China is also breaking ground on their first first integrated gasification combined cycle (IGCC) plant (cleaner burning than regular pulverized coal and potentially carbon neutral.)

    Underpinning China's potential leadership in carbon-neutral coal power is broad expertise with gasification. By 2010, China will have installed 29 gasification projects since 2004, compared with zero in the United States.

    http://www.nytimes.com/2009/05/11/world/asia/11coal.html?_r=1

    About 60% of the new coal plants in China are some kind of more modern style plant.

    Reply
  2. This is the problem as I see it: I never know who the audience is when we talk about coal. The US contributes very little to "new" coal use. The US is looking for alternative forms of energy.

    The problem is China. I don't think folks have any idea how much energy China is consuming. Your post mentions that the world, in 2006, was adding 100 – 200 GW of energy on an annual basis. In 2008, the Chinese added 75 GW and in 2009, the Chinese are expected to add 80 GW of electricity generating capacity; that accounts for almost all the new energy being generated in the entire world if you accept your lower range of 100 GW/year.

    But whenever I hear speeches / read articles about coal, the speaker / the writer does not address where the problem lies. English-speaking audiences listening to / reading English speeches / articles assume we are talking about the US energy policy.

    No matter how much Americans cut their coal consumption, it will have a negligible effect compared to how much the Chinese are bringing on line.

    Those are the facts. But it seems China is getting a pass, again, by mainstream media.

    Look at your figures again: up to 15GW of electricity produced by renewables each year, when the world needs 100 – 200 new GW each year just to meet new needs. Renewables are not the answer.

    In 2006, nuclear was the answer, but now, even Obama appears not to be in favor of nuclear.

    Reply
  3. I have reviewed enhanced geothermal energy

    The U.S. is already the global leader in geothermal, with about 3,000 of the world’s 9,700 MW of current generation. The world has 373,000 MW of nuclear power.

    geothermal in the USA produced 16 billion kwh which is 2% of the nuclear power total and a few times more than solar power generated. Still if enhanced geothermal and other economical geothermal power can be added that would be a good and significant thing.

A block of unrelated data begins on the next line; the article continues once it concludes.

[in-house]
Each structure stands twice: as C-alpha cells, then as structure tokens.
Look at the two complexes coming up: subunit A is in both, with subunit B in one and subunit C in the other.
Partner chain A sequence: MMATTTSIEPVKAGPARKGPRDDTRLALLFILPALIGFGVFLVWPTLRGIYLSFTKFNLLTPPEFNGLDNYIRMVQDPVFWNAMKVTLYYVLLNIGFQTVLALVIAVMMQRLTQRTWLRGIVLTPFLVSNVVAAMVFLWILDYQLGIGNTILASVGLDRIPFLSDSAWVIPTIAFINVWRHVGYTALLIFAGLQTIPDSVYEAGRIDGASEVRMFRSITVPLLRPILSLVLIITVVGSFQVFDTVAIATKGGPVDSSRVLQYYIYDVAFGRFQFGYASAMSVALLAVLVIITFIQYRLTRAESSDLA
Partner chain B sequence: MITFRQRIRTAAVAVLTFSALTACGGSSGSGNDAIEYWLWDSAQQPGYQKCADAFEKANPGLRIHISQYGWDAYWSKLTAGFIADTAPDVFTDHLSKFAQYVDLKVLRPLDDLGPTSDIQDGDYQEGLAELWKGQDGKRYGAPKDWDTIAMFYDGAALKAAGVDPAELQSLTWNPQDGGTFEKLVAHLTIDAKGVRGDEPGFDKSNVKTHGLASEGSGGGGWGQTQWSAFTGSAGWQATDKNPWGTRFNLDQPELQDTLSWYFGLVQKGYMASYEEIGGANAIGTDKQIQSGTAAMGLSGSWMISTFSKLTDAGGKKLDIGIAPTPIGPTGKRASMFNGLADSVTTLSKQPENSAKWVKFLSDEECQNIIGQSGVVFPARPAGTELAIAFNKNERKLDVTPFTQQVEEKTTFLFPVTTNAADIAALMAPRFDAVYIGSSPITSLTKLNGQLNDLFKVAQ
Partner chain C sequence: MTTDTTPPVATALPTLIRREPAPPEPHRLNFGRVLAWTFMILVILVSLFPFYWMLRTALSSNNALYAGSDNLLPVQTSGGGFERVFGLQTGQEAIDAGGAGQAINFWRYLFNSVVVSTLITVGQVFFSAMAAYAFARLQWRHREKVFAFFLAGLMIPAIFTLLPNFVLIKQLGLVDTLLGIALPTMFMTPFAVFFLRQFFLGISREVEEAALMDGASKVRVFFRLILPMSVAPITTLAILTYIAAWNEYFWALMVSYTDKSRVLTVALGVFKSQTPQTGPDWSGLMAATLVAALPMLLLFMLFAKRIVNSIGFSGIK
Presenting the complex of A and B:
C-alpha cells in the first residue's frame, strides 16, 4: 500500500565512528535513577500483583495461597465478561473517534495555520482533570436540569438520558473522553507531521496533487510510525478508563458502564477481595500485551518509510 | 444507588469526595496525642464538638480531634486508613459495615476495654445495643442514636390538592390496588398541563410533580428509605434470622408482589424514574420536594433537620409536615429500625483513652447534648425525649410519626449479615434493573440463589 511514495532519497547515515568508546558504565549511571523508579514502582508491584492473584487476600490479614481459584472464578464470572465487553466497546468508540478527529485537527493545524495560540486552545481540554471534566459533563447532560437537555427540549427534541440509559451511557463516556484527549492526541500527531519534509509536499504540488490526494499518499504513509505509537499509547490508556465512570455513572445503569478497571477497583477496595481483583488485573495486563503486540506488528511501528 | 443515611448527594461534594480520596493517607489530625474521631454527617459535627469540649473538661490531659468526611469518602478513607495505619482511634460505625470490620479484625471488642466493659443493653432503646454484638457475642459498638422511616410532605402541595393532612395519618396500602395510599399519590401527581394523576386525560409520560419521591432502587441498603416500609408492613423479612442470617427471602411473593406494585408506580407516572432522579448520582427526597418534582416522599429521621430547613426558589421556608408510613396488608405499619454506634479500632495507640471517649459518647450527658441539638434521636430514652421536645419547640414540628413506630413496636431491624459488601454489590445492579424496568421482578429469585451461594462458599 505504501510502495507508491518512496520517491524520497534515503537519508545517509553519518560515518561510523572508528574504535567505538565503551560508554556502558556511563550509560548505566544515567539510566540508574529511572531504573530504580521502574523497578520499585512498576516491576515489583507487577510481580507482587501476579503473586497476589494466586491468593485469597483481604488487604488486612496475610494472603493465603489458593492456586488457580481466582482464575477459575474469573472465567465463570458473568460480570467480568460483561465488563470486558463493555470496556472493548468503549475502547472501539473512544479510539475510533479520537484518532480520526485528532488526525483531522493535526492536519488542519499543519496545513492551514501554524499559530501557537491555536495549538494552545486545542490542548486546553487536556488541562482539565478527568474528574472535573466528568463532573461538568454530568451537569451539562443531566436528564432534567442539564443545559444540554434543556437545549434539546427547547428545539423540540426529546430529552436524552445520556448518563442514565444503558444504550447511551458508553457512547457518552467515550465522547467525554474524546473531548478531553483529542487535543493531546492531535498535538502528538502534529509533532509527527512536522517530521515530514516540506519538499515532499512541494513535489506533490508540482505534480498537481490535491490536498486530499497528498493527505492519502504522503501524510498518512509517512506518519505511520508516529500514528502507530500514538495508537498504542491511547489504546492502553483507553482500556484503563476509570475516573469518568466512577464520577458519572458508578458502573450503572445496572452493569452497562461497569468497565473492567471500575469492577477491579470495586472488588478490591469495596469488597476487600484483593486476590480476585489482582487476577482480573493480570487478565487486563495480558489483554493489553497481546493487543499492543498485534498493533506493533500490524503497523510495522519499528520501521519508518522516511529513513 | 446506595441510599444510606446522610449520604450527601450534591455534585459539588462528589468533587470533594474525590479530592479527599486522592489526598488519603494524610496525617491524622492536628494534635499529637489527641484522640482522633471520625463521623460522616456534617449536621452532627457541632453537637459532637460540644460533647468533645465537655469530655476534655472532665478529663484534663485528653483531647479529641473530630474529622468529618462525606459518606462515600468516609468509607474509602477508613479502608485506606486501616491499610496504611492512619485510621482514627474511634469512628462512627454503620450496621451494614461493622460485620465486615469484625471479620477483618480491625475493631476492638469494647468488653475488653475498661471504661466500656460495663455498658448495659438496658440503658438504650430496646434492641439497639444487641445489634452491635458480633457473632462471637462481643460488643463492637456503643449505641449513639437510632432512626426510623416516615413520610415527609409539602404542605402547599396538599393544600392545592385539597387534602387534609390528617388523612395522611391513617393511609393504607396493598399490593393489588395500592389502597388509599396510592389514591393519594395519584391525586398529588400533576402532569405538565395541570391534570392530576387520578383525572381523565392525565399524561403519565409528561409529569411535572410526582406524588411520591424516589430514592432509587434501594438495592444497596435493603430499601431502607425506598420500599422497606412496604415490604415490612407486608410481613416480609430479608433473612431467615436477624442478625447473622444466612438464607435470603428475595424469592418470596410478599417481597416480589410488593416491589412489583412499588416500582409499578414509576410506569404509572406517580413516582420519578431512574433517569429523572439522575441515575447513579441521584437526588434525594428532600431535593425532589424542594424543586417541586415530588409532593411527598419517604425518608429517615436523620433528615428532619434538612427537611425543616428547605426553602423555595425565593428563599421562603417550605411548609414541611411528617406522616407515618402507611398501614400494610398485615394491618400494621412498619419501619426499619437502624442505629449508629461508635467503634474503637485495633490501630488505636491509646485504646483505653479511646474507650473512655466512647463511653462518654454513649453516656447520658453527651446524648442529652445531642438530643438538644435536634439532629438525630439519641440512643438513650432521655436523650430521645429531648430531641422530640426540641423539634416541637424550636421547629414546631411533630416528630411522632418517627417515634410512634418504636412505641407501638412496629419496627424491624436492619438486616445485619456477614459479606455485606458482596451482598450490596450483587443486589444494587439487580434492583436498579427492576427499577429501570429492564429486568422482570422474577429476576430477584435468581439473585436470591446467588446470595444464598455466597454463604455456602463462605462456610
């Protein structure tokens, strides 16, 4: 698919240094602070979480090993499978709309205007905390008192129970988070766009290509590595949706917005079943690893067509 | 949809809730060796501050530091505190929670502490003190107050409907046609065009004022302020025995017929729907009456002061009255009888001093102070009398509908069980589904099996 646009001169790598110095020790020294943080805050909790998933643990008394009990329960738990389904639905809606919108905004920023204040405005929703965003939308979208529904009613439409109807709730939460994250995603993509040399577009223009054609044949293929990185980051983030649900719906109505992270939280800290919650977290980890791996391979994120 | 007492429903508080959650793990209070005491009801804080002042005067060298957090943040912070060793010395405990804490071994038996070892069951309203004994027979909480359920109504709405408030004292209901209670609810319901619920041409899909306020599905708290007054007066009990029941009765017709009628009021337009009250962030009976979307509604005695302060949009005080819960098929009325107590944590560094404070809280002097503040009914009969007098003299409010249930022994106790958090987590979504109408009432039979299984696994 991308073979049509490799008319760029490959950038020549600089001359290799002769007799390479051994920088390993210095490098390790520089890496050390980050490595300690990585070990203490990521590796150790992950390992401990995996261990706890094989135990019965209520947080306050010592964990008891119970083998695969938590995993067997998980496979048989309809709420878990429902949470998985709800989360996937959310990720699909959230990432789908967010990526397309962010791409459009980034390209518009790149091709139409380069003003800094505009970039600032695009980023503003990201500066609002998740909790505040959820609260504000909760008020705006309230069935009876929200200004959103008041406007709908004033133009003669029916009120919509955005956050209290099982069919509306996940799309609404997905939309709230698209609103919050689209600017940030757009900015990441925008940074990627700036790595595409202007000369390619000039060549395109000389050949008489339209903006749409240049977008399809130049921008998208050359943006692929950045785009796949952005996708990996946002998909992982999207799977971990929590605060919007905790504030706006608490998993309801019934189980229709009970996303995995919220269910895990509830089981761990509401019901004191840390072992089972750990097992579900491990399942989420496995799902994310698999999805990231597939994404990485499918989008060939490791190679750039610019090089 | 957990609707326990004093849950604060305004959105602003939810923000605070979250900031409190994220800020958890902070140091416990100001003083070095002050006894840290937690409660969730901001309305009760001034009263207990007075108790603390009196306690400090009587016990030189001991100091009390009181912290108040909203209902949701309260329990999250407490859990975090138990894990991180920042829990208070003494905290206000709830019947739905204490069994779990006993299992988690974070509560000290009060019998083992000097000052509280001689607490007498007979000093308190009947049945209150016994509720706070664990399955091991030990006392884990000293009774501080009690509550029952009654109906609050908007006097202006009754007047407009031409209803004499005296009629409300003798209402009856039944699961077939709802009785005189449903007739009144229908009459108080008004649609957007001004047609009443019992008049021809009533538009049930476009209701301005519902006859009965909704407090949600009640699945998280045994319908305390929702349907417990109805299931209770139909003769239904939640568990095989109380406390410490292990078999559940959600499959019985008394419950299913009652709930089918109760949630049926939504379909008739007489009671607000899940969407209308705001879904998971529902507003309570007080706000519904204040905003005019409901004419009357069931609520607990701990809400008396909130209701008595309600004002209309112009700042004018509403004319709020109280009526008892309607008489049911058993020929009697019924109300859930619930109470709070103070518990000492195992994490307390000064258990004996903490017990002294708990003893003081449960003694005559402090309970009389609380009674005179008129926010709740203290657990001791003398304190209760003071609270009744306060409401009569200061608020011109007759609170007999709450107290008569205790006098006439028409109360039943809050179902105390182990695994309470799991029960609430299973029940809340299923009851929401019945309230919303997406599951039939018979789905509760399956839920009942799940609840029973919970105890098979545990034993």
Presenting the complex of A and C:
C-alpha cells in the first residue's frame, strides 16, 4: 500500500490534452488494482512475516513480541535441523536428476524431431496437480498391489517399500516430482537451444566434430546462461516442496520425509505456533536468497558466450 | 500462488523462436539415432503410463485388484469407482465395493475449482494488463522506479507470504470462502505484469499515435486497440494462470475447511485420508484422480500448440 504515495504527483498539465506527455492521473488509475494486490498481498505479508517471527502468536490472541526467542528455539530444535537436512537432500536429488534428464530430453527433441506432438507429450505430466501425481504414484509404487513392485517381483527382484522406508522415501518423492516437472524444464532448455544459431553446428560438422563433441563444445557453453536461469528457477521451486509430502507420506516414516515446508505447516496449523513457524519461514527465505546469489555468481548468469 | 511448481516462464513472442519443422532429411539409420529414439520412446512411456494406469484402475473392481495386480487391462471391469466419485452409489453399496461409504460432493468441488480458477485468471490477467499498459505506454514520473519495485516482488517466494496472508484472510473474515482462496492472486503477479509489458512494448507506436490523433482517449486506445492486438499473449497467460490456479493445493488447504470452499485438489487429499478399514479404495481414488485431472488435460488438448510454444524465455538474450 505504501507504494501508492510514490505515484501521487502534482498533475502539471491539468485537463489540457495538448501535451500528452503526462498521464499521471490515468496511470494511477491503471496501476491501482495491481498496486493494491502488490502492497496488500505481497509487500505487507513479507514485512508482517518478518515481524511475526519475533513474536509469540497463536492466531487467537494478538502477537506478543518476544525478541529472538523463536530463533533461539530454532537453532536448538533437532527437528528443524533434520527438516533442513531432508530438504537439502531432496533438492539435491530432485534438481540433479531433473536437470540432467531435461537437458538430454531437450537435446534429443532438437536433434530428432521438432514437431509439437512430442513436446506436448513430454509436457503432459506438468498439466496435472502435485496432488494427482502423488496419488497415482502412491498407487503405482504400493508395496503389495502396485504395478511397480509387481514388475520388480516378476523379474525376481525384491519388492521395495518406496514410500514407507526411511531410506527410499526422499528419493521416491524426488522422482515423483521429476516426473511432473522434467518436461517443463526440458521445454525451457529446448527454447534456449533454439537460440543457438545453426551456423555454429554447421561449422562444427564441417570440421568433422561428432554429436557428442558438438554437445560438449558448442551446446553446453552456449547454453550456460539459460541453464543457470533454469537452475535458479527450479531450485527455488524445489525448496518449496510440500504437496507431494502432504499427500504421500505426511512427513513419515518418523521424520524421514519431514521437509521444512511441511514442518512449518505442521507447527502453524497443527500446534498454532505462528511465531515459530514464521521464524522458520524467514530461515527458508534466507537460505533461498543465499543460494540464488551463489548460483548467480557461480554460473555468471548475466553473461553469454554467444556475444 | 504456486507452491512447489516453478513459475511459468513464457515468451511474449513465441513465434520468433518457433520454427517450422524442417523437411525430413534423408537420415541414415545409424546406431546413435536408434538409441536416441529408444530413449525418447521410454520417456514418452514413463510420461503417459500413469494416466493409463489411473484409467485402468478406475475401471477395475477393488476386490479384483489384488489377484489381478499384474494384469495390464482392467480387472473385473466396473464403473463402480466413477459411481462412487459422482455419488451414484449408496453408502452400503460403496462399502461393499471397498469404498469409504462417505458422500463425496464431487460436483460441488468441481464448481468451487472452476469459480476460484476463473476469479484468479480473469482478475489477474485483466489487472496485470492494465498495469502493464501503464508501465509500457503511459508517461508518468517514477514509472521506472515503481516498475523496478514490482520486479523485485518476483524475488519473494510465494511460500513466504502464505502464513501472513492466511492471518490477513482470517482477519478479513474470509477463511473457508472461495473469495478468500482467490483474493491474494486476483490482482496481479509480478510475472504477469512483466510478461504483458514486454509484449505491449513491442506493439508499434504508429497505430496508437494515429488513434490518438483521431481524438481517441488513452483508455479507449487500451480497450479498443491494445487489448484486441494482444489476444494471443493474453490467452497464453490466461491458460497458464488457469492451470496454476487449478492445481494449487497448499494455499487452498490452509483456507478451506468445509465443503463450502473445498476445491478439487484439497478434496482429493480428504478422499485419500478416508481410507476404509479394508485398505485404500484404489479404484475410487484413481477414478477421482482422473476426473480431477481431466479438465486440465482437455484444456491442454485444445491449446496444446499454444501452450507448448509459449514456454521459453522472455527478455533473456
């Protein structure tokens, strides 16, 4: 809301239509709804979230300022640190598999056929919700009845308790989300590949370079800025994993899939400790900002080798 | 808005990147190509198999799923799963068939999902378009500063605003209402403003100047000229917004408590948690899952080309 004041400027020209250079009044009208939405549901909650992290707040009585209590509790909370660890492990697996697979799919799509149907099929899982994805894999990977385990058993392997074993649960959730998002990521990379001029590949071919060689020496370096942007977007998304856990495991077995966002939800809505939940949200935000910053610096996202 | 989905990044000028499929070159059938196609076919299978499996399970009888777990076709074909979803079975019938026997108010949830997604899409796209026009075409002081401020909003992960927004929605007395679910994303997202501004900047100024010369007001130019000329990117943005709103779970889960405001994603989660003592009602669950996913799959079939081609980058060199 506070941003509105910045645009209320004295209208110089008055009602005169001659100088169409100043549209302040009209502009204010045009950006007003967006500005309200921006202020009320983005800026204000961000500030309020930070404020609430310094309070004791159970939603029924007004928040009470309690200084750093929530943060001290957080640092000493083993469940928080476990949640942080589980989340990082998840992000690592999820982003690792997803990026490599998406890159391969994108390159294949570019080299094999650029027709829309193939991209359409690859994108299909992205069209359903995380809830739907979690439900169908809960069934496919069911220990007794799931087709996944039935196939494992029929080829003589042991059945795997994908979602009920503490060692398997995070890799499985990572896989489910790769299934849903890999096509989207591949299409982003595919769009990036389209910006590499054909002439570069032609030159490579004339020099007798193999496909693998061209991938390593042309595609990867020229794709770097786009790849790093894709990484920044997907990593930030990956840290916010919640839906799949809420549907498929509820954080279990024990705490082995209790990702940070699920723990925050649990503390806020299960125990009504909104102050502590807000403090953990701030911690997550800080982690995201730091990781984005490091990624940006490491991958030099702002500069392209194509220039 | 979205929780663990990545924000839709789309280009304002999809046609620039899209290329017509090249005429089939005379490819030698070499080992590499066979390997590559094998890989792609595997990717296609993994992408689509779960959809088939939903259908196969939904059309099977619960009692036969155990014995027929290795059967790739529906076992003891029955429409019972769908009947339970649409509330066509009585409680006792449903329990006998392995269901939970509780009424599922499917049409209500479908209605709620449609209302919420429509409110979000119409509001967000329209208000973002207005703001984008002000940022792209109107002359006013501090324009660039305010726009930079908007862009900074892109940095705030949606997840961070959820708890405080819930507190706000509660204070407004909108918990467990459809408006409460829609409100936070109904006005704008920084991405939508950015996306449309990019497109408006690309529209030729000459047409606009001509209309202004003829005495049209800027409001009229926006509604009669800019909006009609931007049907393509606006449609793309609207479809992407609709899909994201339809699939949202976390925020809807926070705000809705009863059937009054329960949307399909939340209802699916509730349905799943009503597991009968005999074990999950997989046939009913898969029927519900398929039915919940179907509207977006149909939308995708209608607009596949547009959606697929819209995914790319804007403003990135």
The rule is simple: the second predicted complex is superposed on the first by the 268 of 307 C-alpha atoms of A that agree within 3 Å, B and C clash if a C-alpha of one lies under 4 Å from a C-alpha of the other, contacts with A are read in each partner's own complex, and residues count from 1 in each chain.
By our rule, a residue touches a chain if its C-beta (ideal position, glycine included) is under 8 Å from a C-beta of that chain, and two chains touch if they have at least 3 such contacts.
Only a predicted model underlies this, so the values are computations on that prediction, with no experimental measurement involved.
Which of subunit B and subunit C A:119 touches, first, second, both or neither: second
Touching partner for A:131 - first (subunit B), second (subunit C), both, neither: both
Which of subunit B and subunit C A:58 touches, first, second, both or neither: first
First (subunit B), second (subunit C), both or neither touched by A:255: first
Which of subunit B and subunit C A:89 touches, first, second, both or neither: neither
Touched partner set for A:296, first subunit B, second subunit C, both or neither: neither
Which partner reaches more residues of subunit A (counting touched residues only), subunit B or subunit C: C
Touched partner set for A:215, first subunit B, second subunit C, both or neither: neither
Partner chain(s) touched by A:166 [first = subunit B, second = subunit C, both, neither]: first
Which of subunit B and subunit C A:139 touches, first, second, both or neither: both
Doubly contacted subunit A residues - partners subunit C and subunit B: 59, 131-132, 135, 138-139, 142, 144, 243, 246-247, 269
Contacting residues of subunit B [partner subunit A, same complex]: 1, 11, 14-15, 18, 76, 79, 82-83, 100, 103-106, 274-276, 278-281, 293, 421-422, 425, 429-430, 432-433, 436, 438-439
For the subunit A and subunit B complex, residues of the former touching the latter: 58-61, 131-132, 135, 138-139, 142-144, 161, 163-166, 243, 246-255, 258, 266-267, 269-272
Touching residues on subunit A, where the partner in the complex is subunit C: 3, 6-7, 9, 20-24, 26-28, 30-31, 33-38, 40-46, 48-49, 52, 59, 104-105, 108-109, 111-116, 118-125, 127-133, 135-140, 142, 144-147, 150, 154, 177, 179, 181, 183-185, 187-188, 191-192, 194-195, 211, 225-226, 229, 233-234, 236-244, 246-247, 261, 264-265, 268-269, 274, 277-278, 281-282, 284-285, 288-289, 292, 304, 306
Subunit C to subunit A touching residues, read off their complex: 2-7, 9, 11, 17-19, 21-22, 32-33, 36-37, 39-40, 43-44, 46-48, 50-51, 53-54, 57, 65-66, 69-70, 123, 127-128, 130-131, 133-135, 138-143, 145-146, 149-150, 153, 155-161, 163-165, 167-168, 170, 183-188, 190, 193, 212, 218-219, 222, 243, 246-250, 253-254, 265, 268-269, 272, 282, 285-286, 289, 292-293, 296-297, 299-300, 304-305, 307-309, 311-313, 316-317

Average geothermal electricity rates between 4-7 cents per kilowatt-hour. But that price is from tapping the most economical locations. It is not ten times less than nuclear power. The older nuclear reactors that have paid off capital costs have 2 cents per kwh price. New reactors have comparable costs. Solar is far more expensive than nuclear power as is wind in many cases and coal is becoming more expensive with rising commodity prices.

    Nuclear plants are not disaster zones for a million years. The long half life nuclear material is uranium and plutonium which are unburned fuel. The remainder has a half life of 30 years or less. Plant decommissioning costs vary by type of reactors but US reactors have a decommission cost of about $330 million and there have been plants that have been decommissioned and the sites cleaned.

    decommissioning fact sheet

    As geothermal technology progresses, resources that were once non-commercial are now being actively examined as feasible possibilities.

    Applying new oil drilling tech is opening up more geothermal resources.

    Reply
  4. Please note the US Dept. of energy and MIT believe that geothermal could easily produce all the energy 10 billion people could use and unlike nuclear it does not create radiation disaster zones, No nuclear power plant has ever been cleaned up every one is a disaster zone for a million years or so. Some geoscientists believe the Yellowstone caldera by its self could produce 100% of the world’s energy for many decades. Geothermal technology is proven and has been in use for more than one hundred years, Iceland will soon begin to replace all gasoline cars with hydrogen produced by geothermal and in 20 years expect to be exporting energy. The cost of producing geothermal is less than one tenth the cost of nuclear which is the most expensive energy source currently used.

    Reply
  5. You didn’t even mentioned mercury. Power plants are the no. 1 source of mercury in our environment.

    “Centers for Disease Control estimates that 1 in 12 women of childbearing age in the U.S. has unsafe levels of mercury in her blood”.

    Reply
  6. Great post, Brian. I don’t know if you’ve read “Big Coal” by Jeff Goodell but I think you’d really enjoy it. If you’ve read “Fast Food Nation” by Eric Schlosser, it reads a lot like that. Except instead of McDonald’s, it’s coal.

    Reply

Leave a Comment